Françoise David, CQ, community organizer, politician and feminist activist (born 13 January 1948 in Montréal, Quebec). Chair of the Fédération des femmes du Québec from 1994 to 2001, David was elected member of the National Assembly of Québec in 2012 and was co-spokesperson for Québec solidaire from 2006 to 2017.

Article

Catharine Sutton (Nahneebahwequa)

Catharine Sutton (née Sonego or Sunegoo) (sometimes spelled Catherine, also known as Nahnee, Nahneebahwequa and Upright Woman), Anishinaabe (Mississauga) writer, Methodist missionary and political advocate (born 1824 in the Credit River flats, Upper Canada; died 26 September 1865 in Sarawak Township, Grey County, Canada West). Catharine Sutton was as an advocate for her people during a time when the cultural, political and economic rights of Indigenous peoples in Canada were formally eroded by assimilationist policies.

Article

Helen (Ma) Armstrong

Helen (Ma) Armstrong (née Jury), labour activist, women’s rights activist (born 17 June 1875 in Toronto, Ontario; died 17 April 1947 in Los Angeles, California). Helen Armstrong was a labour activist who fought for the rights of working-class women throughout her life. She was the leader of the Winnipeg Women’s Labor League and a central figure in the 1919 Winnipeg General Strike. She campaigned for unions, a minimum wage and social security, and against conscription. Armstrong was arrested for her activism at least three times, including twice during the Winnipeg General Strike. Historian Esyllt Jones described Helen Armstrong as “the exception in a male-dominated labour movement.”

Article

Daniel Paul

Daniel Nicholas Paul, CM, Mi’kmaq elder, author, social justice advocate (born 5 December 1938 on Indian Brook Reserve, NS). Paul is the author of We Were Not the Savages, one of Canada’s first history books from an Indigenous perspective. He had long campaigned for the removal of Halifax’s statue to its controversial founder, Edward Cornwallis, until its removal by Halifax's city council in January 2018.

Article

Tommy Douglas and Eugenics

Tommy Douglas — the father of socialized medicine in Canada and one of the country’s most beloved figures — once supported eugenic policies. In 1933, he received a Master of Arts in sociology from McMaster University for his thesis, “The Problems of the Subnormal Family.” In the thesis, Douglas recommended several eugenic policies, including the sterilization of “mental defectives and those incurably diseased.” His ideas were not unique, as two Canadian provinces (and 32 American states) passed sexual-sterilization legislation in the 1920s and 1930s. However, by the time Douglas became premier of Saskatchewan in 1944, he had abandoned his support for eugenic policies. When Douglas received two reports that recommended legalizing sexual sterilization in the province, he rejected the idea.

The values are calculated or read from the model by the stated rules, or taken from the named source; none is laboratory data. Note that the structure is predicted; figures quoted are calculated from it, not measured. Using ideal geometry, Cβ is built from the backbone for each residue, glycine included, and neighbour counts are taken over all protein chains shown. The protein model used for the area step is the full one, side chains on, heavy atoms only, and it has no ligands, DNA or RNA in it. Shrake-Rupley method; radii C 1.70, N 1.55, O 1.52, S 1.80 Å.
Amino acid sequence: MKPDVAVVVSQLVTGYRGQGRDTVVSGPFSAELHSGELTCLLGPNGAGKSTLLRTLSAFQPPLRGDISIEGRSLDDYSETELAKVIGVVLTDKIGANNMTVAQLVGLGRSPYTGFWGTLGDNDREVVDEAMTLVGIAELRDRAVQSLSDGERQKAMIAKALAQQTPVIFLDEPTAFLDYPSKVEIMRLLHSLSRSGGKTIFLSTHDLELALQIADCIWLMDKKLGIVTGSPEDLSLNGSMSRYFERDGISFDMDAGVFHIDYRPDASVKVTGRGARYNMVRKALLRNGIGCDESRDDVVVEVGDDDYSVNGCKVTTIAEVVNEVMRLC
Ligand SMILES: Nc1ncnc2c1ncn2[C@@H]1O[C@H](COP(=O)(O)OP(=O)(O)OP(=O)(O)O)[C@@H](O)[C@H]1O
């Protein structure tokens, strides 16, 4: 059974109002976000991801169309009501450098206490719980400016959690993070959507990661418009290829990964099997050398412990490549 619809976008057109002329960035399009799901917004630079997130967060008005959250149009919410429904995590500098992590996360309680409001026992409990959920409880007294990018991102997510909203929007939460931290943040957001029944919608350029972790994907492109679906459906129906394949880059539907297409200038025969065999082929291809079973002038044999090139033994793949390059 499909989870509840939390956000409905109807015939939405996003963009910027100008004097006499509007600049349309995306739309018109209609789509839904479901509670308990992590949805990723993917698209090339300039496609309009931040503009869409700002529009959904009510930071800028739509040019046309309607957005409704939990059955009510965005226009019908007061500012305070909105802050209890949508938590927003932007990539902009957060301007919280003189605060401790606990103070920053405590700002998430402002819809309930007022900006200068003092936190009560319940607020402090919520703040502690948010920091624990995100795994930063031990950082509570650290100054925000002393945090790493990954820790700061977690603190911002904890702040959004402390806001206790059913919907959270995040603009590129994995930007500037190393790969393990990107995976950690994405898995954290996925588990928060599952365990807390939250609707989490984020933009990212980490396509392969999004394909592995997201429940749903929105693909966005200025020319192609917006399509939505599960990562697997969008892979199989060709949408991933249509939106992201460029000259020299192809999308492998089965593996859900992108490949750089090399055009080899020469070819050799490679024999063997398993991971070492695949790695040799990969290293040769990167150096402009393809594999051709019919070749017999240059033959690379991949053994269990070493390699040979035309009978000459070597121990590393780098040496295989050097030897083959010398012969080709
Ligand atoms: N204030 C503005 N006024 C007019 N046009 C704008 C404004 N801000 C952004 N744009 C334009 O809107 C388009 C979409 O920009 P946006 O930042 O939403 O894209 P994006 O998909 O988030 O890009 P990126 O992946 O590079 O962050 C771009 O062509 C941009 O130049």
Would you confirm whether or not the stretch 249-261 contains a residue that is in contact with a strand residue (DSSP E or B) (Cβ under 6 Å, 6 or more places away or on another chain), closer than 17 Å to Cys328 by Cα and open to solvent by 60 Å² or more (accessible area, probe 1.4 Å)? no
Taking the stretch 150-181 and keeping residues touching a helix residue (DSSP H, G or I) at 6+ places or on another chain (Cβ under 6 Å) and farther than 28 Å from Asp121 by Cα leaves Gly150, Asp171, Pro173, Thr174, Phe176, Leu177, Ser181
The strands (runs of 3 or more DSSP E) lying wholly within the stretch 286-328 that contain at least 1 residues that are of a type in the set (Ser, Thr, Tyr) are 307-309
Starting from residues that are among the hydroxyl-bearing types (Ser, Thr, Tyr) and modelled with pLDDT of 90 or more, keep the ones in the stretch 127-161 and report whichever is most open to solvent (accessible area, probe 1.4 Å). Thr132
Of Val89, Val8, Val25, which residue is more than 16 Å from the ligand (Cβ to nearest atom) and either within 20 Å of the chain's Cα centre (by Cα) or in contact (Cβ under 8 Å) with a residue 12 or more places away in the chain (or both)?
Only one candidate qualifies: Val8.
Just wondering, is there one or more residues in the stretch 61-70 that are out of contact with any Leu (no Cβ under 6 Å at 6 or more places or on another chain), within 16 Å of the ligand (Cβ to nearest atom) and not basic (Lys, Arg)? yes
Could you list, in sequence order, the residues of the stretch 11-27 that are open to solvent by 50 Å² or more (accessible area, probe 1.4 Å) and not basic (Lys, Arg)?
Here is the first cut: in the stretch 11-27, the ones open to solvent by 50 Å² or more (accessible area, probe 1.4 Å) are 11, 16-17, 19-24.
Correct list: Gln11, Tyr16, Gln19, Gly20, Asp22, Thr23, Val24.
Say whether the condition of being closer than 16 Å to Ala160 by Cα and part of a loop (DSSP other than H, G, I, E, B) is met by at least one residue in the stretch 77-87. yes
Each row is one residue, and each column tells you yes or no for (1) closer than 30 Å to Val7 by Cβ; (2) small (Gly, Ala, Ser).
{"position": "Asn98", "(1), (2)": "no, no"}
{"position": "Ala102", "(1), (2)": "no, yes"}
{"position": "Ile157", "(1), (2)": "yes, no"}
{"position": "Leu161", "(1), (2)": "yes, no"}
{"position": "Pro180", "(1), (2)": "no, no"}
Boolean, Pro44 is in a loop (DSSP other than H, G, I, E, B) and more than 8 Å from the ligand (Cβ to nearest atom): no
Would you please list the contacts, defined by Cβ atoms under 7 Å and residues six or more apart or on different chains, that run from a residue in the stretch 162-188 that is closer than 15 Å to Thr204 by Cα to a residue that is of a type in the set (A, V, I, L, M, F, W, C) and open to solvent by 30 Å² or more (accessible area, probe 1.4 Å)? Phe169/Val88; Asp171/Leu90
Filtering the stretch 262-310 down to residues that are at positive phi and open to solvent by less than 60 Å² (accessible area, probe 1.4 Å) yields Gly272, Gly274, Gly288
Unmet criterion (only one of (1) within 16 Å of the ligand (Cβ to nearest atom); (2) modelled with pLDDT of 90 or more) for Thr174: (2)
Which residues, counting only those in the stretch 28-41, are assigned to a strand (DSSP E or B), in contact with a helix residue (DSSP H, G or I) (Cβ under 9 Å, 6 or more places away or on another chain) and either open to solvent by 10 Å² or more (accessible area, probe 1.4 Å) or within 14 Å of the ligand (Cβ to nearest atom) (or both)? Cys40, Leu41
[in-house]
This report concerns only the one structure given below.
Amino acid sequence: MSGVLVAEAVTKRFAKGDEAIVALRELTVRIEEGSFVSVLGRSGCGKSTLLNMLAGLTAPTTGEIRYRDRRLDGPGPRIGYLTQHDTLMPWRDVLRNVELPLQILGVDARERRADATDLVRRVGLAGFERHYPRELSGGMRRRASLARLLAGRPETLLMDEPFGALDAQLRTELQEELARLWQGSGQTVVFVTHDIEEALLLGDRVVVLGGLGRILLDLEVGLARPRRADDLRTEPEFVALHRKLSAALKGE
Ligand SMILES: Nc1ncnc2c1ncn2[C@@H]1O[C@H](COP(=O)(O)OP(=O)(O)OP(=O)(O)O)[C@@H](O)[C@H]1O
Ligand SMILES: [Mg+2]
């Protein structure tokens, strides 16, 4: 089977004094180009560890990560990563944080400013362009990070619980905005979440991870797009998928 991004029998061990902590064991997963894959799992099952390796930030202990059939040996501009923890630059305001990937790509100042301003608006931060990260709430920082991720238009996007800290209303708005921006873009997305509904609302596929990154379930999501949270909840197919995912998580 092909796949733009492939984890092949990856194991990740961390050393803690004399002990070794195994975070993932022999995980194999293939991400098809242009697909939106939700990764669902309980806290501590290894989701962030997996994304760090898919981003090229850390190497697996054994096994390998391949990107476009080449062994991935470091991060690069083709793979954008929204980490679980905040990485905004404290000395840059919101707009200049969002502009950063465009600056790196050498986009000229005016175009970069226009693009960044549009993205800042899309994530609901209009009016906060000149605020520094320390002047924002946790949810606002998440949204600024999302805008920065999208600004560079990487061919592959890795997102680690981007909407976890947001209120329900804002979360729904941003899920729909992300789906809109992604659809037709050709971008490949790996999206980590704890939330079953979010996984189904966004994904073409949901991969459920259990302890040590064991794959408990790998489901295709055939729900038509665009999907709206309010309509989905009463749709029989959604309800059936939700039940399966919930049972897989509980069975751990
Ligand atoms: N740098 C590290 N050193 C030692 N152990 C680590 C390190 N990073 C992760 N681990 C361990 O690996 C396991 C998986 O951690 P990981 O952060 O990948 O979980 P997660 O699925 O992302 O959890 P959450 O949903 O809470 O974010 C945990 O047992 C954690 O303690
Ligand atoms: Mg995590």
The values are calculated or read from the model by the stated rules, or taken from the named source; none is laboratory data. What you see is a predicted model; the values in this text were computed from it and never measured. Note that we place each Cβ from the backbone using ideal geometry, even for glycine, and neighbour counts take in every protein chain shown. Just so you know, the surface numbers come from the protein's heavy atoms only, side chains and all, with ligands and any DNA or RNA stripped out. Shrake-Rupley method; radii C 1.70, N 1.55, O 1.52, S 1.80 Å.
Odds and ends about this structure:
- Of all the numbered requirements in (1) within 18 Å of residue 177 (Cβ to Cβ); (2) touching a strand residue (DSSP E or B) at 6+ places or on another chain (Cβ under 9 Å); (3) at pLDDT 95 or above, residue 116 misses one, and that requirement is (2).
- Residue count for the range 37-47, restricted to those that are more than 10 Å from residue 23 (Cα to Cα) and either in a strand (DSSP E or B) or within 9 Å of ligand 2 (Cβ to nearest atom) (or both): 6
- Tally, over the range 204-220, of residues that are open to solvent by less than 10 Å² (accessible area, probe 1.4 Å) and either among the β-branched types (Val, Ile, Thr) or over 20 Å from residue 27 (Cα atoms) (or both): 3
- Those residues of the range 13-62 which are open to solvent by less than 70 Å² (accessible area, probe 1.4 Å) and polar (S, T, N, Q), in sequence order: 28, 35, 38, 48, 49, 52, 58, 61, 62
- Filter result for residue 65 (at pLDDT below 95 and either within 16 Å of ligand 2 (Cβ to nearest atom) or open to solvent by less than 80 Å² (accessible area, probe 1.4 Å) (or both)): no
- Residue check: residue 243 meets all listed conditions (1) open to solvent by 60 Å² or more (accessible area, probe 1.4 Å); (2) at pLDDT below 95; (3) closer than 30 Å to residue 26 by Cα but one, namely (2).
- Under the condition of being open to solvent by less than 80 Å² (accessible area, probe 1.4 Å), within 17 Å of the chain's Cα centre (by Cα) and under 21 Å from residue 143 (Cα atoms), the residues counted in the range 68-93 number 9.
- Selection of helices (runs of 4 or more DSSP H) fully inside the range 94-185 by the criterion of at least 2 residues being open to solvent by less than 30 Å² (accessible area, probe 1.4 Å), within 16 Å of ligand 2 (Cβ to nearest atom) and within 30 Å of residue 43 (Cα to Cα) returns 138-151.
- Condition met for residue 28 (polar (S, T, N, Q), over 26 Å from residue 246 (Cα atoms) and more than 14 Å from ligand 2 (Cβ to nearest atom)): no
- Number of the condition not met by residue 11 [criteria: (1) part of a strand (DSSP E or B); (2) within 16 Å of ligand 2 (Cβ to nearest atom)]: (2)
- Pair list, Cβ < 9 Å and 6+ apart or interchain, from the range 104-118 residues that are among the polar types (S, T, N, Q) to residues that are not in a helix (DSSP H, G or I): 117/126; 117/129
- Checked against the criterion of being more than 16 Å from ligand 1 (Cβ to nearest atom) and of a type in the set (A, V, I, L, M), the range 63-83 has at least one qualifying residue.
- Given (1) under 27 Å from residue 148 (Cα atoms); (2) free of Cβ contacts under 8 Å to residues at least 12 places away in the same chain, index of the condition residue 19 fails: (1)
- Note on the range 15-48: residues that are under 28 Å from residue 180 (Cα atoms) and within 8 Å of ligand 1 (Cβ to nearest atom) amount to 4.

Article

Bromley Armstrong

Bromley Lloyd Armstrong, CM, OOnt, Black trade unionist, community organizer and activist (born 9 February 1926 in Kingston, Jamaica; died 17 August 2018 in Toronto, ON). Bromley Armstrong was a pivotal figure in the early anti-discrimination campaigns in Ontario that led to Canada’s first anti-discrimination laws. A self-described “blood and guts” ally of the working poor, Armstrong demonstrated a lifelong commitment to the trade union movement and the battle against disadvantage and discrimination. For more than six decades, Armstrong worked for human rights, helping to generate civic and government support for racial equality and advocating for human rights reforms in public policy.

Article

Jean Augustine

Jean Augustine (née Simon), PC, CM, first Black female MP and Cabinet minister, social justice advocate, teacher, principal (born 9 September 1937 in Happy Hill, Grenada).

Article

Irene Parlby

Mary Irene Parlby (née Marryat), Alberta MLA (1921–35), women’s rights advocate, activist (born 9 January 1868 in London, UK; died 12 July 1965 in Red Deer, AB). Irene Parlby served as a Member of the Legislative Assembly (MLA) of Alberta for 14 years and was the first woman in Alberta, and the second in the British Empire, to be appointed to a cabinet position. One of the Famous Five appellants in the Persons Case, Parlby was a compelling advocate for women’s rights. Her career in activism and legislation was especially dedicated to improving the lives of rural women and children. She was the first woman awarded an honorary degree from the University of Alberta.

Article

Hugh Burnett

Hugh Burnett, civil rights activist, carpenter (born 14 July 1918 in Dresden, ON; died 29 September 1991 in London, ON). Burnett was a key figure in the fight for anti-discrimination legislation in Ontario. Through the 1940s and early 1950s, he organized tirelessly against racial discrimination in public service in his hometown of Dresden, Ontario, rising to prominence as a leader and organizer of the National Unity Association (NUA), a coalition of Black community members pushing for equal rights in Dresden and the surrounding area. He was instrumental to in bringing about legislative and legal victories for civil rights at the provincial level related to the 1954 Fair Accommodation Practices Act, an early anti-discrimination law in Ontario.